A hypocritical Supreme Court decision

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The Supreme Court has found Judge Santiago Soriano of the La Union Municipal Trial Court guilty of gross inefficiency and gross ignorance of the law.

In a ten-page decision issued a few days ago, Senior Associate Justice Antonio Carpio wrote “the unreasonable delay in deciding cases and resolving incidents and motions [by the judge], and his failure to decide remaining cases before his compulsory retirement constitutes gross inefficiency which cannot be tolerated.”

The offense was committed in 2006, and that’s what bothers us. The decision excoriating the judge for the delay in the disposition of cases is also delayed—for seven years in fact. The judge has been fined P40,000, an amount that will be deducted from his retirement benefits. Who will fine the Supreme Court?

Apart from gross inefficiency, Judge Soriano was also found guilty of gross ignorance of the law, for deciding cases the day after he retired.

Try to imagine the judge remembering the cases he left undecided. He hastily came back to his former chamber and wrote a guilty or not guilty verdict on the record of each case according to the spirit that moved him, perhaps even doing away with the dispositive portion. Alas, he was no longer a judge.

The whole thing was funny for being incongruous. Nothing is funnier and more incongruous though than the hypocritical decision handed down by the highest court of the land.

Are the delays deliberate? It surely looks like it. When a judge sits on a case, the litigants in civil cases, through their lawyers, are forced to approach the judge for a favorable decision, of course for a fee.

In a criminal case the guilty party delays the proceedings sometimes for decades, again with the collusion of the judge. That drives the complainant to settle the case or drop it altogether. Meanwhile the judge makes money from the defense and, sometimes, from the conniving prosecution as well. It is not uncommon for him to get a cut from the settlement money too.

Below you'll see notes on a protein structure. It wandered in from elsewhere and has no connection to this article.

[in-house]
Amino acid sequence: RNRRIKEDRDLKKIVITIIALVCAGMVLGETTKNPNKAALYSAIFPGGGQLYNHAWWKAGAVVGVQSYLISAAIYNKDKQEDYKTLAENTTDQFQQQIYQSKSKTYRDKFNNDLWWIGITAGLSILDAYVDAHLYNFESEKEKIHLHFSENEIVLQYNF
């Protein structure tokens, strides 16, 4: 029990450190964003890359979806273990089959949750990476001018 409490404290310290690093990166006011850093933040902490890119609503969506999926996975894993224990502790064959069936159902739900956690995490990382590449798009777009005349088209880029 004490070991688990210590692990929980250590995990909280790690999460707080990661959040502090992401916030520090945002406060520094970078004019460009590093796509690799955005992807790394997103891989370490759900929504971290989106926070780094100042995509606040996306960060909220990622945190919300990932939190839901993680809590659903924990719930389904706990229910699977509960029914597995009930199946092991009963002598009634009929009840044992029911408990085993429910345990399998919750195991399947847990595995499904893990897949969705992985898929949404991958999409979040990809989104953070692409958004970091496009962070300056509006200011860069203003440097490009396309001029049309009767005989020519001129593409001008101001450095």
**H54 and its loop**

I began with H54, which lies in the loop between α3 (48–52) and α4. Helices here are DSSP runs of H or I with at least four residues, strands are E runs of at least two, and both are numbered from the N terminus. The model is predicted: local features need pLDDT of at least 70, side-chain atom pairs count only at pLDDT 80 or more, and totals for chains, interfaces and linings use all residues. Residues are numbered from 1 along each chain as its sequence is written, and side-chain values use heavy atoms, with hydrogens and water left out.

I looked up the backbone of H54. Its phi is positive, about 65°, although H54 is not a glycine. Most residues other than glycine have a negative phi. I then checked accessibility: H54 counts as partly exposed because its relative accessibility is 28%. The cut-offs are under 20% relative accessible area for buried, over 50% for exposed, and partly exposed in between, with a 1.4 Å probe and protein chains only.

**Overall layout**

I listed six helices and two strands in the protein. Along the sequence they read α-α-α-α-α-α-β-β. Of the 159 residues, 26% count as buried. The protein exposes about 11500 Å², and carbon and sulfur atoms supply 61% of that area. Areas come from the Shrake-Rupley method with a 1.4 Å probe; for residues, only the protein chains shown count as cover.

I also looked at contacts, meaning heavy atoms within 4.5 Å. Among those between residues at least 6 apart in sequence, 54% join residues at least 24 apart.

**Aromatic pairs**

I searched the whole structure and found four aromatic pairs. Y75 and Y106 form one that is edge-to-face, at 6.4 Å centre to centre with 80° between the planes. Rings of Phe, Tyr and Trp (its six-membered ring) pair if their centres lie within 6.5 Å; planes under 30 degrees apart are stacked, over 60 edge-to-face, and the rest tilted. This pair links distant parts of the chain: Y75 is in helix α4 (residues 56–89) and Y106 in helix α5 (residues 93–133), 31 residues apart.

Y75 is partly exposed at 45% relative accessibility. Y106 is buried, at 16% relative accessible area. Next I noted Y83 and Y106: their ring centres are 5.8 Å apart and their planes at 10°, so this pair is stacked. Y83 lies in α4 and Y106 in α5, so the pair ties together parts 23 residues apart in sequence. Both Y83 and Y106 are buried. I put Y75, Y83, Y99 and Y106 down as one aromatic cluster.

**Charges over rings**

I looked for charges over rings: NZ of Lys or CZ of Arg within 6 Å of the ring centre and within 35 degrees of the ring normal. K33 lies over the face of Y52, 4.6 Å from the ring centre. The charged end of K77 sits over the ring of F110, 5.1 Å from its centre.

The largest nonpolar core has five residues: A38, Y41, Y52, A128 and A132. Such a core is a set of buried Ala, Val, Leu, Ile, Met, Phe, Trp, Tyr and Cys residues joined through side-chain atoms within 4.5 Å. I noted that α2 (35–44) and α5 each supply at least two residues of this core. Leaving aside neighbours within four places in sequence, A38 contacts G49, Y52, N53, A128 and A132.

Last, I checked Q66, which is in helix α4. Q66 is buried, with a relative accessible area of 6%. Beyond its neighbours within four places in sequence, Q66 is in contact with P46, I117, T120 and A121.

No wonder everybody who has had the misfortune of appearing in court gets to hate judges and lawyers and all those involved in the so-called dispensation of justice.

Of course, only the rich and powerful are accorded that opportunity.

The poor litigants, having nothing to offer the judge, are promptly sent to prison. Or failing to raise bail money, they simply own up to the crime, and guilt or innocence has nothing to do with it

Usually the crime government officials face, if they are charged at all, almost always involves theft of public funds or assassination of political rivals.

We will not enumerate the cases since most of them are known to the public anyway. However, we will go out on a limb to say that none of them have been resolved to put closure to society’s quest for justice.

Is it really that bad?

If the Philippine Medical Association had that batting average, we would have lynched all doctors a long time ago, realizing we had a better chance finding a cure by consulting the village shaman.

The Code of Kalantiaw, to extend the metaphor, is a better alternative to the justice system as we know it. Of course, we run the risk of executing an innocent man or woman from time to time, but that would not be as bad as letting hundreds, even thousands of murderers and thieves, loose—and electing them to rule over us.

The delay in the disposition of cases is only one symptom of our dysfunctional justice system. What riles people most is the rendering of unjust decision, for instance letting the guilty off the hook through legal technicality.

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